Since the beginning of the invasion, Russian forces have been advancing primarily in southern Ukraine, along the Black Sea. They have besieged Mariupol’s port, starving and bombing the population. Further west, Russian armored vehicles are stumbling on Mykolaiv, the last town before Odesa, the “pearl of the Black Sea.”

However, Russian generals may have plans to move north along the Dnieper River, which could serve as a future natural border. This maneuver would allow Moscow to catch the Ukrainian army from behind, which has been entrenched along the separatist republics of Donbass since the beginning of the conflict in eastern Ukraine in 2014. There is little information available about the fighting on that front. However, military experts believe that the majority of Ukrainian regular troops are in that region. An encirclement of these forces would be devastating to Ukraine’s resistance. This would give Russia control over eastern Ukraine, possibly in conjunction with a conquest of the Black Sea coast which to pave the way for Ukraine’s partition.

However, accumulating victories—for the time being, the Russian army has only taken one major city, the port of Kherson (south)—does not imply control of the territory, as evidenced by Ukrainian demonstrations, which send a strong message to Russian soldiers that they are occupiers. On March 15, the Kherson airport, in Russian hands, was bombed. The mayors of the city, as in other cities, was deposed and replaced by pro-Russian elected officials. Moscow also proposed a referendum on self-determination, similar to the one on Crimea’s accession to the Russian Federation. Even if the 2014 referendum had been held under normal conditions, without the threat of armed men sent by Moscow, it is safe to assume that the majority of the peninsula’s population supported a return to Russia. However, the situation today is quite different now. Russia cannot claim to be protecting Russian speakers while bombing them in Kharkiv and Mariupol. The Kremlin may refer to Russian and Ukrainian historical unity, but this does not change the fact that Russian soldiers are considered occupiers.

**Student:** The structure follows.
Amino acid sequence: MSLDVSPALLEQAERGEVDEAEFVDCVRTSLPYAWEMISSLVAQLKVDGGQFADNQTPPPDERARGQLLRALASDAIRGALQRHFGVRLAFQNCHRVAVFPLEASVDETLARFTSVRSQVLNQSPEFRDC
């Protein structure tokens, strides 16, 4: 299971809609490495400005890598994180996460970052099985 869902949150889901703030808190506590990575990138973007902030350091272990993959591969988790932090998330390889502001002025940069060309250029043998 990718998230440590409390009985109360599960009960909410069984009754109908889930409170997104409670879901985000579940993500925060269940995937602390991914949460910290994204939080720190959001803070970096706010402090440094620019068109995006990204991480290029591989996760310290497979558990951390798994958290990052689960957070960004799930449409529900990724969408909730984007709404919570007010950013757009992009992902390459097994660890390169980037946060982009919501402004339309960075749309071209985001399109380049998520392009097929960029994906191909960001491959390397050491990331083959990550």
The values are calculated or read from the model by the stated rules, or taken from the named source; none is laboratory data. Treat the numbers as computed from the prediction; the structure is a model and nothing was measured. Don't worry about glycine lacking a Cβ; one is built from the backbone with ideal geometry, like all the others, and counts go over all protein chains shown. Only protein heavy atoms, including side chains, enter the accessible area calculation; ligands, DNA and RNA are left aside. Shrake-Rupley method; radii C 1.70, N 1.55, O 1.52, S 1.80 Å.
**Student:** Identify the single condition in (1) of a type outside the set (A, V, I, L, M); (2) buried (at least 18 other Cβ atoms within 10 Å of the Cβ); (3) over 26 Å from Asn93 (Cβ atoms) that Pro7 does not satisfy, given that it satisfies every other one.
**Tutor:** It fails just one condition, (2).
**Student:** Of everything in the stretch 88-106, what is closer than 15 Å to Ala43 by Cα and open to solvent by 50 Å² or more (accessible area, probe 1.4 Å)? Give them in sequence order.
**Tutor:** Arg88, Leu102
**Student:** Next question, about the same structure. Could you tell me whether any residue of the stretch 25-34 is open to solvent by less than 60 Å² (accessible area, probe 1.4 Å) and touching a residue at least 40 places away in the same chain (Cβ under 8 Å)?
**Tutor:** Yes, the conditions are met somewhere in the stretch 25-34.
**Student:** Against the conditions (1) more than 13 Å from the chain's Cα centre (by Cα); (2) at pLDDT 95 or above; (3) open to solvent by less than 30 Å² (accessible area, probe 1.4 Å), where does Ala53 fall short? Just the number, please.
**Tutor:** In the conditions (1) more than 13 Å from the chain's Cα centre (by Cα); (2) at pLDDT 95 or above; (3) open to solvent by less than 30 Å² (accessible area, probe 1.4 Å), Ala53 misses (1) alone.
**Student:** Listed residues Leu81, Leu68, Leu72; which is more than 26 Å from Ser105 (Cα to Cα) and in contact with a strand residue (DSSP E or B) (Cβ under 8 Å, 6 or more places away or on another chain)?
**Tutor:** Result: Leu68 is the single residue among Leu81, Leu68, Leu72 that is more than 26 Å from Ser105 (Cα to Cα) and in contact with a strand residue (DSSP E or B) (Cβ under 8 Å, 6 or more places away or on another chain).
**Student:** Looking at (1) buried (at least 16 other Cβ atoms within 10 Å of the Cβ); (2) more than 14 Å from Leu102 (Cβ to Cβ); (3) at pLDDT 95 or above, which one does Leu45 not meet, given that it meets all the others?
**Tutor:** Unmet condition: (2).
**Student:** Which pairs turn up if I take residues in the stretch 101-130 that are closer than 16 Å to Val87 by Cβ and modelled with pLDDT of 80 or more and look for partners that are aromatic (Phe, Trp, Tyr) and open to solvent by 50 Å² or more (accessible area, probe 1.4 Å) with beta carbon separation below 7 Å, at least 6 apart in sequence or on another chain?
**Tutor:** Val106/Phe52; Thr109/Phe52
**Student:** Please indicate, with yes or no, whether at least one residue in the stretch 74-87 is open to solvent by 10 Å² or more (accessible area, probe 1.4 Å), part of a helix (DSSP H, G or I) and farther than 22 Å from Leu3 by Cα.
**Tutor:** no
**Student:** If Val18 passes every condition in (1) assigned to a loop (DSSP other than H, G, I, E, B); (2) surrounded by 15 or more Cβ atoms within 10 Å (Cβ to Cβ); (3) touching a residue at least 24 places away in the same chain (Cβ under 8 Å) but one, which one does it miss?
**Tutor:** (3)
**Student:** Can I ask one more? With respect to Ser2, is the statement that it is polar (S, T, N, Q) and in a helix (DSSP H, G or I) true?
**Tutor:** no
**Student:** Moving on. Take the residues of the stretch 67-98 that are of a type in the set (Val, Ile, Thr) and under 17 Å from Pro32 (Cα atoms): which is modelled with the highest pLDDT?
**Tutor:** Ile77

Faced with the hostility of the Ukrainian population united by this invasion, the Russian army will have difficulty maintaining control of the conquered territories. A protracted guerrilla war would ensue. Moscow would undoubtedly rely on auxiliary forces, such as the Syrians being recruited or Ukrainian collaborators who could be overseen by Wagner’s mercenaries. The diversity of combatants would result in a fragmentation of Ukrainian territory, each with its own conflict dynamics, a process known as “balkanization,” as seen in the wars in the former Yugoslavia. In a nutshell, the confrontations would continue for many more long months, even years.

Economic outcome

With a sustained cease-fire and meaningful progress in implementation of agreements the global economy would quickly return to its early 2022 growth trajectory. The value chains that had broken down during the war and contributed to inflation would re-establish themselves. To control inflation, central banks would continue to normalize monetary policy and gradually raise interest rates. This scenario would also be reassuring to investors. The United States and the European Union would start to ease sanctions against Russian businesses over time.